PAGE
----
Interactive technology helps marketers to inexpensively engage consumers in one-to-one relationships fueled by two-way conversations via mouse clicks on a computer, touch-tone buttons on a telephone or surveys completed at a kiosk. Interactive technologies include interactive telephony (Call centers, customer relationship centers, CTI, etc.), Internet (Interactive websites, customization enabled web sites, etc.) and digital technologies (multimedia kiosks, ATMs etc.). Pre - industrial society did not have the privilege of enjoying the benefits of such technologies and was based largely on agricultural economy and the trade of art and artifacts. During the agricultural days, most farmers sold their produce directly in bazaars. Similarly, artisans sold their art and artifacts in these markets. Consumers and producers gathered in a common place where producers traded their products face-to-face. The role of the producer was not separated from that of the trader, and the former functioned as both "manufacturer" and "retailer" for their own products. Also, producers and consumers developed strong relationships that led to production of customized products made by artisans for individual customers. Hence, direct interaction with cooperation, reliance, and trust was possible among marketing actors.
The emergence of mass production and mass consumption during industrialization resulted in key consequences. First, people moved away from small subsistence farms to jobs in industrial towns and needed retailers to supply an assortment of the basic conveniences of food, shelter, and clothing. Second, manufacturers were motivated to produce in mass quantities for achieving the economies of scale. These consequences led to the emergence of the transaction orientation of marketing whereby marketers became more concerned with sales and promotion of goods and less with building ongoing relationships.
The growth of a relationship orientation of marketing in the postindustrial era can be viewed as the rebirth of direct marketing between marketers and customers. Rapid advancement in information and communication technologies in general, and Internet based technologies in particular, is the key factor responsible for the impetus to direct marketing activities between marketers and customers. The technological revolution is changing the nature and activities of marketing function. Entry of Internet-based technologies into our society is making it easier for customers to interact directly with marketers. Marketers are also becoming more knowledgeable about their customers at considerably lower cost with the help of sophisticated systems available for capturing the information related to each interaction with individual customers. This enables them to practice one-to-one marketing. Unlike the traditional media, interactive technologies present a unique opportunity for marketers as they facilitate two-way communication between the seller and buyer. Visitors at a corporate web site or a kiosk can communicate directly with the business without concern for distance or time. Thus organisations using these technologies as a marketing communication tool can now hear from the site's visitors in the form of a sale or customer feedback.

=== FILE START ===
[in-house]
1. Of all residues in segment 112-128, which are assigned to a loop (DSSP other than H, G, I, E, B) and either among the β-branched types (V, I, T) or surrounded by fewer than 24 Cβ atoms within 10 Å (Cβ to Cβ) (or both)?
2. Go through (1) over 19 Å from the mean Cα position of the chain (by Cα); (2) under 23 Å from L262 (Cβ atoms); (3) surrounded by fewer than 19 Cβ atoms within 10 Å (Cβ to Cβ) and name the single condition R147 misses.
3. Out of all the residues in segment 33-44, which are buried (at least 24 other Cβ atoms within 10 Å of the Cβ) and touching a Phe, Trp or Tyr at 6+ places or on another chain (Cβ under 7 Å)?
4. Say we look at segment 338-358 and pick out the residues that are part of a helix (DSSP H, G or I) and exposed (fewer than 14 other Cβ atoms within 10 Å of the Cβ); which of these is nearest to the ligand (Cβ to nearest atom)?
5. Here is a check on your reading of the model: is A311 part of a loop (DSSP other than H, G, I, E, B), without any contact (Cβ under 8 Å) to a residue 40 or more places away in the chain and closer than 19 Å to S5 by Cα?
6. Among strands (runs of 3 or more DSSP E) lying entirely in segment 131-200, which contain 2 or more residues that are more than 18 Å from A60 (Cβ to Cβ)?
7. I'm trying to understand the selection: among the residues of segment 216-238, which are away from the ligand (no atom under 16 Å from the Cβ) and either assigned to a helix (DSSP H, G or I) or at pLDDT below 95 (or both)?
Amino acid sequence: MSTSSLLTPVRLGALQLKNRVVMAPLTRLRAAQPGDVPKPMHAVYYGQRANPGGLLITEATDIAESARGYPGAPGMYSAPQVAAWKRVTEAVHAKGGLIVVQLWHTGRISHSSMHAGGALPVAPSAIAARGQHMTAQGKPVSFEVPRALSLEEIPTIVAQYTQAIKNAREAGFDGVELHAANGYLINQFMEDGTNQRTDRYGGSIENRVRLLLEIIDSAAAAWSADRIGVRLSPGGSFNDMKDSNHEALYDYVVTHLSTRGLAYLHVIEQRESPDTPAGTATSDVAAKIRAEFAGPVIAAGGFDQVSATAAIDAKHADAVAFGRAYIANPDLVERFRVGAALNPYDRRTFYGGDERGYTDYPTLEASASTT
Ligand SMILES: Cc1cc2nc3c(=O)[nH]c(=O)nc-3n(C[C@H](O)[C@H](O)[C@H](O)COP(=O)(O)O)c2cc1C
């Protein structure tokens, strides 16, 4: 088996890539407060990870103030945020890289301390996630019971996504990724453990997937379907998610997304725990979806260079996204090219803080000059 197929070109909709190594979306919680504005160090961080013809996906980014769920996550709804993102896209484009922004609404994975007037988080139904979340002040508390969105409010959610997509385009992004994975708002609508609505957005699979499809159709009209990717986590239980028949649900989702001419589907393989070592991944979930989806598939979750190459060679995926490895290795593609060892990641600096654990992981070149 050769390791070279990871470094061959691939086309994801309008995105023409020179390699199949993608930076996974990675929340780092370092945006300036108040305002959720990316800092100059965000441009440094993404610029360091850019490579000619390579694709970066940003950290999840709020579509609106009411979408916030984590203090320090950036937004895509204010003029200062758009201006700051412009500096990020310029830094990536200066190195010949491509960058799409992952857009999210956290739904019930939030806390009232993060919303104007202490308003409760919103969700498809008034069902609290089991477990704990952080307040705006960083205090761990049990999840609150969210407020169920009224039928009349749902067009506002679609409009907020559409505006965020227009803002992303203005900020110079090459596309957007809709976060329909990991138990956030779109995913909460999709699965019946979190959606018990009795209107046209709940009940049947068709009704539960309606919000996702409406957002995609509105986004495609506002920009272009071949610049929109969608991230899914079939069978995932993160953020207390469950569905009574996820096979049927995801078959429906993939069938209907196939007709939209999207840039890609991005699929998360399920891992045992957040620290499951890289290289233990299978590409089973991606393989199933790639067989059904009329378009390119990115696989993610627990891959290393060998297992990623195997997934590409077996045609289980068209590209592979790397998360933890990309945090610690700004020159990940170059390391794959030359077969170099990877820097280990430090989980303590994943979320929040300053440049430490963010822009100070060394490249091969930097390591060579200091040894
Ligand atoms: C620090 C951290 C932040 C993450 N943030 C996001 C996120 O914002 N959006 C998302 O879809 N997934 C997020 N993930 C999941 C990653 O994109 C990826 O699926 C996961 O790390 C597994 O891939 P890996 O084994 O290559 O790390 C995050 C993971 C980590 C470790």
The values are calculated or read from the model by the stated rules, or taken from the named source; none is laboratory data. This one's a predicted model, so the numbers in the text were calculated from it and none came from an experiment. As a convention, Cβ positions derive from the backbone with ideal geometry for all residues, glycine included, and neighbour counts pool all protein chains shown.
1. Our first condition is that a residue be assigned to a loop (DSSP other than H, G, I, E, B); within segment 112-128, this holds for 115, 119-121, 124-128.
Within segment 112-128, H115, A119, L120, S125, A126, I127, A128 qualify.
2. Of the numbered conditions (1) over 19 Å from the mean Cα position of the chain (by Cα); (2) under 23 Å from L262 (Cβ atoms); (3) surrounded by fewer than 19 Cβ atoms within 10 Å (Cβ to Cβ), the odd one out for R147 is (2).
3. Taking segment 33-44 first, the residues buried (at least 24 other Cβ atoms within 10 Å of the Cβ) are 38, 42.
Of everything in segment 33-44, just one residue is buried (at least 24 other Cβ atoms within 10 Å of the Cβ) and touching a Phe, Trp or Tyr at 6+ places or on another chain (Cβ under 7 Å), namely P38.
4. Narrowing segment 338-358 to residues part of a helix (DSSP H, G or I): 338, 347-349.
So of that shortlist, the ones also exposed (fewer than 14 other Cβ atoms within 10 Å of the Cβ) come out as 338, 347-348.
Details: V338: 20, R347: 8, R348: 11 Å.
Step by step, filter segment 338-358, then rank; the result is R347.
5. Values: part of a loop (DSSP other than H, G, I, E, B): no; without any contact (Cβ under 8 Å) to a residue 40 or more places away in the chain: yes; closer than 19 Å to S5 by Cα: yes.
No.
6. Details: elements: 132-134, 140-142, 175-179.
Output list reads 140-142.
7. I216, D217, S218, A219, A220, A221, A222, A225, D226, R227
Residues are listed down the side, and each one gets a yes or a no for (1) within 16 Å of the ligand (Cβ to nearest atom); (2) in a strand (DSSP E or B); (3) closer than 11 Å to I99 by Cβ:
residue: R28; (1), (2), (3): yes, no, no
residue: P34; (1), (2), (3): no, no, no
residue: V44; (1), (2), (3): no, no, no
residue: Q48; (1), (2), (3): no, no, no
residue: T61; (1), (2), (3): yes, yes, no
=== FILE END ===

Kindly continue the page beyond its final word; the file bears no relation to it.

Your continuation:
Success of any technology depends on the adoption by its expected users. The application of technology by the user in his / her environment also creates opportunities for further development. Enough research in the usage or adoption of electronic data interchange (EDI) can be found both in information systems and marketing literature (e.g. Bamfield 1994; Germain and Droge, 1995; Teo et al. 1995). A careful review of available literature further shows that the usage or adoption of Internet and e-mail has been studied in detail by various researchers across the world (e.g. Moon and Kim, 2001; Lederer, et al. 2000, Teo et al, 1999 and Taylor and Todd, 1995). Therefore, it appears that different interactive technologies have been studied individually by different researchers. …